Much Dithering in Little Botheringham – 19

‘Much Dithering in Little Botheringham’ is an everyday tale of village life and vampires, from Jane Jago and E.M. Swift-Hook.

Before Ginny could ask her next question there were footsteps on the spiral staircase and Agnes appeared carrying a tray, preceded by the nutty perfume of freshly ground and filtered coffee.
“Sorry for the slight delay,” she said brightly as she handed round the cups, I had to fend off Petunia.” She sat down and lifted her mug in a sort of toast to Ginny. “They all can’t wait to meet you.”
“Our Sisters. The Steering Committee of Little Botheringham Ladies Association.” Agnes explained. “That’s me, Agnes, great-great granny and gossip. Lilian who you sat next to at the LA meeting.”
Agnes paused for breath, and Ginny dredged up the memory of a skinny woman with a seamed face and fascinating dreadlocks.
Agnes ploughed on. “Petunia who is a veterinary nurse and who held you down while Em Fed you. Ellen, who is bit of a leftie and a very strident lesbian – especially when she has been drinking. Jamelia, who is quiet, incredibly clever and beautiful. And of course Em who is Queen of our nest.”
Em made a depreciating gesture.
“It really isn’t what you might think. Just the traditional title given to whoever in a vampire community is daft enough to step up to the plate and try and organise things. It’s a very hands-on kind of leadership role. Like most such things, you wind up having to do much of what needs doing yourself.”
“And Em is very good at doing things,” Agnes said. “And at organising the rest of us, which in the case of most of our little community is very like herding goldfish.”
“Don’t you mean cats?”
Agnes grinned. “You tell me – after you’ve met the others.”
Ginny looked between the two women.
“So the Ladies Association is run by vampires?”
“Oh yes. We work very hard to look after the village.”
Ginny thought of the bench outside the village shop and the fundraising for a new minibus for the local primary – and the campaign she’d heard about which had kept the school open. All organised by the Ladies Association.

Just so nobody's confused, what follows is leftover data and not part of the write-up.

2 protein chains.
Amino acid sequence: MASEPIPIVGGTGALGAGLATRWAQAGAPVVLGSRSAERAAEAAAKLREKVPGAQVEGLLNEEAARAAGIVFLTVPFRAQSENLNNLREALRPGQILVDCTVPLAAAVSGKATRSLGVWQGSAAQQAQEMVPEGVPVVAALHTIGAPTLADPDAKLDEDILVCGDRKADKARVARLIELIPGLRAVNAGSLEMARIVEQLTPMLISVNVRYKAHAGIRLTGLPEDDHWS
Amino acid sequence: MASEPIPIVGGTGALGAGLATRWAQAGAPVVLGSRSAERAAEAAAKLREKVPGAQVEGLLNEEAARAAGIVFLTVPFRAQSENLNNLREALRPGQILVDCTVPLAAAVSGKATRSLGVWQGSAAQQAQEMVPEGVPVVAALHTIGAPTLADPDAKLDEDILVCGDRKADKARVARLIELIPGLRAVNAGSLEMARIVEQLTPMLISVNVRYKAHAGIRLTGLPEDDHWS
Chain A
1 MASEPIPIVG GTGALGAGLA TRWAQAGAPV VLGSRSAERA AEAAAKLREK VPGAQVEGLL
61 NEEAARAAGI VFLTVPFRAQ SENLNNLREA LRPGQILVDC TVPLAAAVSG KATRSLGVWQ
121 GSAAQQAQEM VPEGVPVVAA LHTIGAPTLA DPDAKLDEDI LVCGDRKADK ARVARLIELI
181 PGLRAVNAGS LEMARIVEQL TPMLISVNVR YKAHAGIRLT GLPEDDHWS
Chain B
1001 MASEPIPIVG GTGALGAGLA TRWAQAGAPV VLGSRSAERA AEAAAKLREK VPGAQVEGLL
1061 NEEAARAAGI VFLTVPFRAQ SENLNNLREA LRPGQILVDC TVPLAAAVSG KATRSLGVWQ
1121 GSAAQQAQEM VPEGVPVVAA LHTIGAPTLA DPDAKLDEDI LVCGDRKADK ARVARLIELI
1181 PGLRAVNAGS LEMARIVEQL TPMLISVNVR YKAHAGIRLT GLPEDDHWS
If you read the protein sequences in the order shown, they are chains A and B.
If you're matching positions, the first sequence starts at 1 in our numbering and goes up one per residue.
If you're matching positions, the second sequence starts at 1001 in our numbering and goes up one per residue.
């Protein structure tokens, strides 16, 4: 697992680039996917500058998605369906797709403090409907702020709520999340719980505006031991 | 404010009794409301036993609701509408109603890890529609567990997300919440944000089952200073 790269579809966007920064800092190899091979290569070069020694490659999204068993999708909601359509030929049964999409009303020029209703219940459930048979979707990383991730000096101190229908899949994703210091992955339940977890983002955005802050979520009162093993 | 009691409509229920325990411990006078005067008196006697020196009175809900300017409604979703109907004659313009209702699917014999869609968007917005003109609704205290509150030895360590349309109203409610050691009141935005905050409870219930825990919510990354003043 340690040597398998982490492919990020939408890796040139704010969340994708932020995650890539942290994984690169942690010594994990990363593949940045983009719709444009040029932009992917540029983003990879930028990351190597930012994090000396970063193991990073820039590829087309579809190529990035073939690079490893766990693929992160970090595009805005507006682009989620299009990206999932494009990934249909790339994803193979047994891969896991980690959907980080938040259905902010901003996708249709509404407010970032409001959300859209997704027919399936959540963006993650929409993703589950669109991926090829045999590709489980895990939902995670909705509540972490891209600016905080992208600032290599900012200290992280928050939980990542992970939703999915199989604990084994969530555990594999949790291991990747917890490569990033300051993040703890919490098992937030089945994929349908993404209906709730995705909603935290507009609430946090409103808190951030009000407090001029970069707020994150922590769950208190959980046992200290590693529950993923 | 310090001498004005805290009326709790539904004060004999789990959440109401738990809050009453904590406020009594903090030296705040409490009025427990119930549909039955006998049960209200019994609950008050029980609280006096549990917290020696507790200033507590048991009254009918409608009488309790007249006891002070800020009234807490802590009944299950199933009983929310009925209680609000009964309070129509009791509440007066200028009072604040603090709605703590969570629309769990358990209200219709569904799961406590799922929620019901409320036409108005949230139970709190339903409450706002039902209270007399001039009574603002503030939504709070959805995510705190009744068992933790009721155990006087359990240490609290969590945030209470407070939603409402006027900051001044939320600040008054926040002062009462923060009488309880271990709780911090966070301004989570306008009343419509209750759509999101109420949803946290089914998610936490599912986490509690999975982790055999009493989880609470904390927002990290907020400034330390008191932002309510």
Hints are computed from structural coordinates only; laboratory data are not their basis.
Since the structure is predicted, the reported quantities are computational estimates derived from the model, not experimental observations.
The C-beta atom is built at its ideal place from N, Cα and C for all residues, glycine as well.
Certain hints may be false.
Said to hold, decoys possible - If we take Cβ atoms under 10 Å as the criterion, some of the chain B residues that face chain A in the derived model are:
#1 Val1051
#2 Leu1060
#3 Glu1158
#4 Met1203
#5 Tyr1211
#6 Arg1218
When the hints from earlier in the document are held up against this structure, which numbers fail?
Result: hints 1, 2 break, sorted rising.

“You do seem to be very involved in village life.”
Em’s mouth sculpted the hint of a grin.
“You could say that.”
“And a lot of thankless work it is too,” Agnes put in. “I sometimes wonder why we bother with some of the ingratiates.”
“It can be hard work,” Em agreed and took a drink of her coffee.
“So why do you do it?”
Both the women looked at her as if she was asking something that had the most obvious answer in the world.
“This is our home,” Em said gently. “If we didn’t look after it before long it’d be nothing more than a hollowed out dormitory for the wealthy with a sprinkling of second homes and holiday rentals.”
“Like most of the other villages around here,” Agnes added. “Much Botheringham is more like an English village theme park than a real community, and Nether Botheringham has become little more than a suburb of Bedchester and half of that was taken over by an industrial estate.”
Ginny tried to fit the idea of helpful conservationism into her concept of a vampire and what vampires did. And failed. She pushed it aside as something else occurred.
“So about vampires. Are there a lot around?”
“Not that many nowadays.”
“There used to be more?”
“Going back a couple of centuries and some, yes,” Agnes told her. “Too many, in fact. And in the increasing glare of science and mass communication it was becoming harder and harder to keep hidden from humanity. So we had to make some changes within our community. Establish certain norms.”
Agnes sipped her coffee and looked over at Em, who gave a small shrug.
“We just had to make sure we eliminated the troublemakers. It was very obvious that those who caused the most problems were those who had been transformed when young. They still had all the folly and exuberance of youth and never really grew out of it. Imagine a four-hundred year-old with ongoing teenage angst.”
Ginny did, and her eyes widened as Em went on talking.
“And the men were the worst. Vampirism boosts testosterone levels to the point where two could barely be in a room together without having to fight it out to decide who was the ‘alpha’.”
“So that explains all the ravishing young women vampires in the stories and the ravishing of young women by vampires, the overdramatic dress sense and so forth.”
Both Agnes and Em were nodding.
“So we made a new rule. One that would exclude all the most unstable elements from the vampire community. We wanted people who were rational, controlled, wise and careful.”
Ginny wondered which of those descriptors she could actually lay claim to.
“That must be a bit difficult. How do you find such paragons?”
“That was easy,” Agnes said. “The only people who can be made into vampires nowadays are post-menopausal women.”

Part 20 of Much Dithering in Little Botheringham by Jane Jago and E.M. Swift-Hook, will be here next week.

Leave a Reply

Fill in your details below or click an icon to log in: Logo

You are commenting using your account. Log Out /  Change )

Google photo

You are commenting using your Google account. Log Out /  Change )

Twitter picture

You are commenting using your Twitter account. Log Out /  Change )

Facebook photo

You are commenting using your Facebook account. Log Out /  Change )

Connecting to %s

Start a Blog at

Up ↑

%d bloggers like this: